Book Review: Guitar Zero (or I’m a Pretend Guitar Hero)Books, Essays, Featured — By Andrew Jacobson on April 27, 2012 at 10:04 am
I’m a Pretend Guitar Hero. I confess that I’ve spent countless hours playing the popular video game, Guitar Hero. Fostering the illusion that I, too, can be a guitar legend, it is no wonder why I, along with countless others, gravitate to the game. The popular television show, South Park, even based an episode off of the phenomena.
But some, like author Gary Marcus, take Guitar Hero to the next level and actually pick up a real guitar as a result. Soon they find that playing a real guitar is nothing like pushing the plastic buttons on the video game. Many get frustrated, and decide to give it up. Inspired by the game and his attempts to learn the instrument, Gary Marcus in Guitar Zero takes a scientific approach to learning to play music. Marcus ponders what it takes to become a musician, and what needs to occur for him to shred on the guitar like Van Halen:
“All my life I wanted to become musical, but I always assumed that I never had a chance. My ears are dodgy, my fingers too clumsy. I have no natural sense of rhythm and a lousy sense of pitch. I have always loved music but could never sing, let alone play an instrument; in school I came to believe that I was destined to be a spectator, rather than a participant, no matter how hard I tried.”
It may seem obvious, but Marcus proposes that practice really does make a difference in the abilities of an aspiring musician. But, practice isn’t enough:
“Studies show that practice aimed at remedying weaknesses is a better predictor of expertise than raw number of hours; playing for fun and repeating what you already know is not necessarily the same as efficiently reaching a new level. Most of the practice that most people do, most of the time, be it in the pursuit of learning the guitar or improving their golf game, yields almost no effect. Sooner or later, most learners reach a plateau, repeating what they already know rather than battling their weaknesses, at which point progress becomes slow.”
Marcus really proposes in the end that a musical mind only develops over years of intentional practice. One must form neural pathways over time, similar to the pathways that are needed to learn a language. He writes that “[t]o the degree that we ultimately become musical, it is because we have the capacity to slowly and laboriously tune broad ensembles of neural circuitry over time, through deliberate practice, and not because the circuitry of music is all there from the outset.”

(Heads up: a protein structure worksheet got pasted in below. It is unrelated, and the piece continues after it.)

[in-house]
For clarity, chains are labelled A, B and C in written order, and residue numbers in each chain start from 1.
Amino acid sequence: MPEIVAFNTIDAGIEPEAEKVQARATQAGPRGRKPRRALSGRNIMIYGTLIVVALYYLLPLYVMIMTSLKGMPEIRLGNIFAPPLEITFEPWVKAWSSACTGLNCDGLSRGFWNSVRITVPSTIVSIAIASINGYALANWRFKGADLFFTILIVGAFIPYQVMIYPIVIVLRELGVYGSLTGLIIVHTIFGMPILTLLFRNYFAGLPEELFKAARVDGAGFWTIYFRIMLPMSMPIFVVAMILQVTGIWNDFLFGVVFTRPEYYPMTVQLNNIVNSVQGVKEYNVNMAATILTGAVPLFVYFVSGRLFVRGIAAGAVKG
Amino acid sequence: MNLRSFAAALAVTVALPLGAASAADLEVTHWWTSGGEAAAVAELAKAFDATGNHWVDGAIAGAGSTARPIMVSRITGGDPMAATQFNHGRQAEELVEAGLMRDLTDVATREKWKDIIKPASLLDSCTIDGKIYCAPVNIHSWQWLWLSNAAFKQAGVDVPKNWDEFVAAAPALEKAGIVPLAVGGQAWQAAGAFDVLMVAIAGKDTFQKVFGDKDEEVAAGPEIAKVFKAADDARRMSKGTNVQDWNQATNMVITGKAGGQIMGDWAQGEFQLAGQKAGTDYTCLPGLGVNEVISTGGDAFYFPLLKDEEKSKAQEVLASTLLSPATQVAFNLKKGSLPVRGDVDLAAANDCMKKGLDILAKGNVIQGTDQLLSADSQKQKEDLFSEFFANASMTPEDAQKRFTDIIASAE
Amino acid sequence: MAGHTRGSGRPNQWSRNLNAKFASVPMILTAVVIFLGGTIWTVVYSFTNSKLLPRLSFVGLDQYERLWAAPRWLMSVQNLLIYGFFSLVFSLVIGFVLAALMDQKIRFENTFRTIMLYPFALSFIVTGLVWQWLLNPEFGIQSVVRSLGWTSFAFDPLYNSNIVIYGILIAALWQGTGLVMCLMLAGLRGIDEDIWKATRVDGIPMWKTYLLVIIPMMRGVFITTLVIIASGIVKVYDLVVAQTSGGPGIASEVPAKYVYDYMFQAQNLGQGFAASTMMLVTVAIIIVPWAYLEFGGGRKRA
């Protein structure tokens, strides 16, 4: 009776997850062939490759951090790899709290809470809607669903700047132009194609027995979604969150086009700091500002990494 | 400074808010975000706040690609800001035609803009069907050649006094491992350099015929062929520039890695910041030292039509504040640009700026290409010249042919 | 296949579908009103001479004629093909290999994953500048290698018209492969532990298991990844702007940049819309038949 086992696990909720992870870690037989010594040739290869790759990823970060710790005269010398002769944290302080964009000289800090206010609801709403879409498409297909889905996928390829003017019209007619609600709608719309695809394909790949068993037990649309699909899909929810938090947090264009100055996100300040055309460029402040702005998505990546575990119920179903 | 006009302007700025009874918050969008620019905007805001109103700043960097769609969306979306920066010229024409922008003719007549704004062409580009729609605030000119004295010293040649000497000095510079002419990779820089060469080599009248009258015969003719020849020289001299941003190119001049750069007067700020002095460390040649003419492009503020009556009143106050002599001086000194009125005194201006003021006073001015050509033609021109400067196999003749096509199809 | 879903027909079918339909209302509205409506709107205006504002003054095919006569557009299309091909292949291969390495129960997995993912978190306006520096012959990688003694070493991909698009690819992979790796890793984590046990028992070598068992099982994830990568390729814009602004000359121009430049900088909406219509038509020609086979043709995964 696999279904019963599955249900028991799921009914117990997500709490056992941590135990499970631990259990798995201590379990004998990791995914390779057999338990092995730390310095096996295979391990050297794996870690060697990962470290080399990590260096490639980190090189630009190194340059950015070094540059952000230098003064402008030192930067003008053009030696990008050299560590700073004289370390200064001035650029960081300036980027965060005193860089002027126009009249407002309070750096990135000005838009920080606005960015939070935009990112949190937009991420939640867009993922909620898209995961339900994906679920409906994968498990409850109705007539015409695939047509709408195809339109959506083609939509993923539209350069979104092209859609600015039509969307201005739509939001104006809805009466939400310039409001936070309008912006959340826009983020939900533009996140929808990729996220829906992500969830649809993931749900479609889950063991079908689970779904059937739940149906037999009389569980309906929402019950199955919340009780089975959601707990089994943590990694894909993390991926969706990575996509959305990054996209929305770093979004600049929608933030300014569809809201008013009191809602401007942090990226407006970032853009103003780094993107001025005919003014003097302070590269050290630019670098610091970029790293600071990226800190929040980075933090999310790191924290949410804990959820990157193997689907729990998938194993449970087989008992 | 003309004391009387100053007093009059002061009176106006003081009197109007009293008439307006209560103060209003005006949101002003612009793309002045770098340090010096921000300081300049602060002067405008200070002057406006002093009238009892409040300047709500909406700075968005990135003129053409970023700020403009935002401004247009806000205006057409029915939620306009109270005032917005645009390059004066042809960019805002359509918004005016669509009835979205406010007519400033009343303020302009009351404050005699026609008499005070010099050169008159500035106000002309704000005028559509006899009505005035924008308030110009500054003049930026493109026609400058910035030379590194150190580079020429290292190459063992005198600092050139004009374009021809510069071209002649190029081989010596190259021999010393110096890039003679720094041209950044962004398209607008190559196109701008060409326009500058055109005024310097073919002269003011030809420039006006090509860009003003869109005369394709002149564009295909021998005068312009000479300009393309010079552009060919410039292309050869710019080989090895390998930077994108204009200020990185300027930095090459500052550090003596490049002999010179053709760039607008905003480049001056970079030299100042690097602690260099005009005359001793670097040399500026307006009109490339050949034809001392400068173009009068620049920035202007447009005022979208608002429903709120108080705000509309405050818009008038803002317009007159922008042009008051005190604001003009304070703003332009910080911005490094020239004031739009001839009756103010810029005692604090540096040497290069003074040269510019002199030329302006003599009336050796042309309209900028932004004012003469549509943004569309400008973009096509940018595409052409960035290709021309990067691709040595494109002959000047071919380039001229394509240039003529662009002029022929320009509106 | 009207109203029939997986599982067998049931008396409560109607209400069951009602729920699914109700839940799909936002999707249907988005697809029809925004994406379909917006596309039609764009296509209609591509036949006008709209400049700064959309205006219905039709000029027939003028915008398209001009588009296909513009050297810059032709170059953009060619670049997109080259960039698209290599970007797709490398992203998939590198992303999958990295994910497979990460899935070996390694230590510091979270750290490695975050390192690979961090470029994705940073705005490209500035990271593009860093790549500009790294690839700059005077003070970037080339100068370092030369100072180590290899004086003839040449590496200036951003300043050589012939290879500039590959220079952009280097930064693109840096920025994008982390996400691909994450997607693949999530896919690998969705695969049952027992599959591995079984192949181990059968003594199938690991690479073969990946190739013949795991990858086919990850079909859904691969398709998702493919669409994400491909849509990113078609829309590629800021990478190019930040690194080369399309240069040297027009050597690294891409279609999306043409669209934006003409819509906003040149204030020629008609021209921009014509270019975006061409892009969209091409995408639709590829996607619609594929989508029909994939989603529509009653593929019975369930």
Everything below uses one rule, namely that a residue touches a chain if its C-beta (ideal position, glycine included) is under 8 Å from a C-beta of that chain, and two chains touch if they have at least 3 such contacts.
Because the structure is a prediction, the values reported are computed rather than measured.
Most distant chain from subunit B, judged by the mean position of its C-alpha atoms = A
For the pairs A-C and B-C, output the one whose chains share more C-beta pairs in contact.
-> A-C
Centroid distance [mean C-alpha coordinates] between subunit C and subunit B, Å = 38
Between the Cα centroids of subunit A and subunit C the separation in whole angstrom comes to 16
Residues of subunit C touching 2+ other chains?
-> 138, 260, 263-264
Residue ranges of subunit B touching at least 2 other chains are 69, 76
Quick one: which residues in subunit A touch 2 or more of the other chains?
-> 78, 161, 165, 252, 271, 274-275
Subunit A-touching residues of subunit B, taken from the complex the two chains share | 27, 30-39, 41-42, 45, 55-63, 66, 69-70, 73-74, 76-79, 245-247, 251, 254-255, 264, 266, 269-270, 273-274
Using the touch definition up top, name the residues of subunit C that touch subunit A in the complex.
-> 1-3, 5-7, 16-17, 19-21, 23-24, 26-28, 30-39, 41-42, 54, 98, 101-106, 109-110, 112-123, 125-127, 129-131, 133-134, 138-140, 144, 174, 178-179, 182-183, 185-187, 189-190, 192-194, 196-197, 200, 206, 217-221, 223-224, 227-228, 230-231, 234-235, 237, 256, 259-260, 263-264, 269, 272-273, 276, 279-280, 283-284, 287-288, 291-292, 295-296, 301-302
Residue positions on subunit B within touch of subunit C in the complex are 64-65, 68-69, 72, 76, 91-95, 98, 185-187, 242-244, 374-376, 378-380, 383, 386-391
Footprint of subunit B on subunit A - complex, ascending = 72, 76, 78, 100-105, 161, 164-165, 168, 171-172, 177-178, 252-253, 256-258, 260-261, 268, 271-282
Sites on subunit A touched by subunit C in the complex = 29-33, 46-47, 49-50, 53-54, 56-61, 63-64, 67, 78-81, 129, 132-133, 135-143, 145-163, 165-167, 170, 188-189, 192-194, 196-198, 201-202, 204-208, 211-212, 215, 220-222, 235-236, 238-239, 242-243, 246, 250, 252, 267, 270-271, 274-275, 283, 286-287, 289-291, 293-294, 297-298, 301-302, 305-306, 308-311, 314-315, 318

According to Marcus’s argument, musicians aren’t born; rather, they are made. Marcus argues that while genetics certainly play a role, practice over a period of time allows musicians to become stars. And, for the adult learner, like Marcus, it’s never too late. As Marcus states, the goal isn’t perfection, but rather pleasure. It is the pleasure that drives us, and perhaps the minor imperfections in each performance is what makes music so special. Marcus also spends time talking about the benefits of knowing music in regard to overall intelligence and IQ, but his main point is that music provides something that many things cannot: simple bliss. To him, and so many others, that is why music really matters.
As a music teacher, I’ve found the blissfulness of music to be true. Of course, I know the statistics on why music matters: how it helps brain development and leads to success in other pursuits. But even non-musicians know why music is something special. It’s because music touches the soul, and because music brings out a part of us that makes us feel like we are caught in the throes of a religious experience. As Marcus writes: “[M]aybe, just maybe, the art of reinvention and acquiring new skills can give us a sense of a life well lived.”